A mature oil field rescaled contraction describes a switch to a technological alternative more appropriate for the depleted state of an underlying resource. Off-shore oil rigs are an illustration, since the original technological scale designed for very large output flows becomes inappropriate as the operational efficiency declines later in life and facing a dwindling output flow, so a more appropriate extraction technology becomes economic. A real option representation is formulated on a stochastic oil price and deteriorating output volume. We consider investment/divestment decisions both separately, and jointly, which have different implications for government policies and also option values. The resulting model yields analytical (or semi-analytical) results indicating that immediate switching to the lower cost technology could sometimes be hastened as the price volatility increases, depending on the current revenue, if divestment and switching are considered jointly. However, greater volatility could also promote hysteresis.
    • Sequential investments with stage-specific risks and drifts

      Adkins, Roger; Paxson, D. (2017)
      We provide a generalized analytical methodology for evaluating a real sequential investment opportunity, which does not rely on a multivariate distribution function, but which allows for stage-specific risks and drifts. This model may be a useful capital budgeting and valuation tool for exploration and development projects, where risks change over the stages. We construct a stage threshold pattern whereby the final stage threshold exceeds the early stage threshold due to drift differentials between the project values at the various stages, value volatility differences, and correlation differentials, implying a rich menu of parameter values that may be suitable for a variety of projects. Governments seeking to motivate early final stage investments might lower final stage project volatility or specify project value decline over time, unless prospective owners are willing to pay the real option value (ROV) for concessions. In contrast, concession owners, more interested in ROV than thresholds that motivate early investments, may welcome final stage value escalation, or guarantees that reduce the correlation between project value and construction cost.
    • Stochastic equipment capital budgeting with technological progress

      Adkins, Roger; Paxson, D. (2014-11)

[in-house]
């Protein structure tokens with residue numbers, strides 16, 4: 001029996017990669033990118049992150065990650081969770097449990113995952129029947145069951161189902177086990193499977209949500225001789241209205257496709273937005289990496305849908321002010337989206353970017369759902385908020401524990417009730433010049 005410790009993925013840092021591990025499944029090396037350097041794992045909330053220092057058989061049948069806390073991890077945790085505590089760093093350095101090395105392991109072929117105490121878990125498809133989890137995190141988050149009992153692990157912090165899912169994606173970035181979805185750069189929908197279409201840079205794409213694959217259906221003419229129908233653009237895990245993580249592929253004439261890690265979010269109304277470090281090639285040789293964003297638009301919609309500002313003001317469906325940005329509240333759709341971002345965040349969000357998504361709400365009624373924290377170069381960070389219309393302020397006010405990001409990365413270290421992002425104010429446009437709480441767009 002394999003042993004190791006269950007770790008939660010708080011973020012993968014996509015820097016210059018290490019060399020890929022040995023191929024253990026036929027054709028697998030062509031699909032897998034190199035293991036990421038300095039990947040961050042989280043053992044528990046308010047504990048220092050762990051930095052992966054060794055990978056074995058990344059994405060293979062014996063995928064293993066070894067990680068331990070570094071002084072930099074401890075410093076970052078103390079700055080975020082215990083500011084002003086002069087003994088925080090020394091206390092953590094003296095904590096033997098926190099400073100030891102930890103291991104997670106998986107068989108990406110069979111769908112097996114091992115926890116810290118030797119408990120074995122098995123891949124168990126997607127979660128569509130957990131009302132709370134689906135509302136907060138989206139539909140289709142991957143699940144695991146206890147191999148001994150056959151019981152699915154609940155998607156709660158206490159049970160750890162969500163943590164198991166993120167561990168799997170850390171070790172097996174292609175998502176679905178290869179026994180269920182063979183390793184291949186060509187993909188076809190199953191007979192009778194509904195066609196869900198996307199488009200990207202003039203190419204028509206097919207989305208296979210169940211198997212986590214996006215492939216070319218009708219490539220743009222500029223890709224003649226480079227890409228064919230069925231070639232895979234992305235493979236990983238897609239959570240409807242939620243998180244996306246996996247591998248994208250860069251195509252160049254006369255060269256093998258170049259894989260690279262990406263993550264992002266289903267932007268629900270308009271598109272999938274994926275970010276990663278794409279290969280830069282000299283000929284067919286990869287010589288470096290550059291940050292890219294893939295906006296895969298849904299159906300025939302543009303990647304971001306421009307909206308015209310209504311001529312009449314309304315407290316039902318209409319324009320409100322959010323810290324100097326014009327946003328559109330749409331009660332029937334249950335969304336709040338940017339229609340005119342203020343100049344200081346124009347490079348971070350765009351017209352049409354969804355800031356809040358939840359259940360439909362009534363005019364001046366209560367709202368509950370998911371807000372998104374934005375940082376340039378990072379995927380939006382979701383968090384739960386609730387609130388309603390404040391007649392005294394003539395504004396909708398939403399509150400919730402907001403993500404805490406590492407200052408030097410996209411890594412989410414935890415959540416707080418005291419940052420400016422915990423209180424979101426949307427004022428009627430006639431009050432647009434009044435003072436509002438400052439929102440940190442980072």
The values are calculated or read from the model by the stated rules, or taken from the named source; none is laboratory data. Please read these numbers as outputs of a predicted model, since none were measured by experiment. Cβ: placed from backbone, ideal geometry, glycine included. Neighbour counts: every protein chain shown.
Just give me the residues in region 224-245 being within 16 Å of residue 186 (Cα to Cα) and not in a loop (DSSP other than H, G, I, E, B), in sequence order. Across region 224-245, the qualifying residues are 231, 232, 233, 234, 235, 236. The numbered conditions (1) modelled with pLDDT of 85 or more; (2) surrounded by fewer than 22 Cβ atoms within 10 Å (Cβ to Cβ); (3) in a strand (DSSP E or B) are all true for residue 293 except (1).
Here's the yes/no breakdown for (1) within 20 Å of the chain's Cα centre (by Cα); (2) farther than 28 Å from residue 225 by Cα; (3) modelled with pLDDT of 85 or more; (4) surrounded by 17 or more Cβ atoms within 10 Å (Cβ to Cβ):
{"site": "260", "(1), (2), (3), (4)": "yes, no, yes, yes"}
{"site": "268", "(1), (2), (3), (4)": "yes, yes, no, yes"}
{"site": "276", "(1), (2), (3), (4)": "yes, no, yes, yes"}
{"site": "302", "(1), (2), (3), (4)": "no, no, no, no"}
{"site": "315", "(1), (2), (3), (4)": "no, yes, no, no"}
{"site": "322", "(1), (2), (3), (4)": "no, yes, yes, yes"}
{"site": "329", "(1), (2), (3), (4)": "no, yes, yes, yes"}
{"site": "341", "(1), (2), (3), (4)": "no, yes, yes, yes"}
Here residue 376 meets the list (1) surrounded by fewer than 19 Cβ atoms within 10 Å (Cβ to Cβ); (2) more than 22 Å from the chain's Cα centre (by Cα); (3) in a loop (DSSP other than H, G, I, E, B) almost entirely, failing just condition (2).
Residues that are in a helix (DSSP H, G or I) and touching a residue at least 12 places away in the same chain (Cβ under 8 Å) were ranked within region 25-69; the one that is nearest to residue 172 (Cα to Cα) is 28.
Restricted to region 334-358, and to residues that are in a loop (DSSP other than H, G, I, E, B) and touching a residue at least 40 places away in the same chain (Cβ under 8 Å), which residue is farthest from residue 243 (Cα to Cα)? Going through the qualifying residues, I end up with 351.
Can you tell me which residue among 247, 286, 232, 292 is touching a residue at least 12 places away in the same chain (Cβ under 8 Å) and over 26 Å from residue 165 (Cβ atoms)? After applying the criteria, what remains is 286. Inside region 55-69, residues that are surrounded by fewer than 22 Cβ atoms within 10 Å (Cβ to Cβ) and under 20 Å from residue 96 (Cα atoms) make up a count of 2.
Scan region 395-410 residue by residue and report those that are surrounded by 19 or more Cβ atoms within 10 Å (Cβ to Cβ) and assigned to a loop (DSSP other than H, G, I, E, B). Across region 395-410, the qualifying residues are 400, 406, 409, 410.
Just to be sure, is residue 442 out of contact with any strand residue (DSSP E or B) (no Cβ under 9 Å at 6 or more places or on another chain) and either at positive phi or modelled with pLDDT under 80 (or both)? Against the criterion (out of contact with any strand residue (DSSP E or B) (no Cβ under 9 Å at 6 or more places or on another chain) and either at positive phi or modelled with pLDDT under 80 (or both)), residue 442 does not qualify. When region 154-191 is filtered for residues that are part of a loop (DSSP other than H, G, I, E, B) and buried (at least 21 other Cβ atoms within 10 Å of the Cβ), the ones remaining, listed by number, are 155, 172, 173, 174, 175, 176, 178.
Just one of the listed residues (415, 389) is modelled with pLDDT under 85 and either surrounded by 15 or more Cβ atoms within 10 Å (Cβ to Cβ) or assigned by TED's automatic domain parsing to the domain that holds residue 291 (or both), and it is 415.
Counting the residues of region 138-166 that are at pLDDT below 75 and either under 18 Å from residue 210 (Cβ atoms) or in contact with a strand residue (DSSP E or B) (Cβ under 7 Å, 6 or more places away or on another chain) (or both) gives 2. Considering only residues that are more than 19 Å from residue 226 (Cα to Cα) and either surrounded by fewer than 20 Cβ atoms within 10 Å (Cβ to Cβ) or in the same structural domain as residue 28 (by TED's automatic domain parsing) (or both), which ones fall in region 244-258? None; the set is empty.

We provide multi-factor real option models (and quasi-analytical solutions) for equipment capital budgeting under uncertainty, when there is either unexpected, or anticipated, or uncertain (volatile) technological progress. We calculate the threshold level of revenues and operating costs using the incumbent equipment that would justify replacement. Replacement is deferred for lower revenue thresholds. If progress is anticipated or highly uncertain, alert financial managers should wait longer before replacing equipment. Replacement deferral increases with decreases in the expected correlation between revenue and operating costs, and with increases in the revenue and/or operating cost volatility. Uncertain technological progress increases the real option value of waiting. The best approach for equipment suppliers is to reduce the expected revenue and/or cost volatility, and/or reduce the expected uncertainty of technological innovations, since then an incentive exists for the early replacement of old equipment when a technologically advanced version is launched.
    • Subsidies for Renewable Energy Facilities under Uncertainty

      Adkins, Roger; Paxson, D. (2016-02-23)
      We derive the optimal investment timing and real option value for a facility with price and quantity uncertainty, where there might be a government subsidy proportional to production quantity. Where the subsidy is proportional to the multiplication of the price and quantity, dimensionality can be reduced. Alternatively, we provide quasi-analytical solutions for different quantity subsidy arrangements: permanent (policy is certain); retractable; suddenly permanent; and suddenly retractable. Whether policy uncertainty acts as a disincentive for early investment depends on the type of subsidy arrangement. The greatest incentive for early investment is an actual retractable subsidy, a ‘flighty bird in hand’.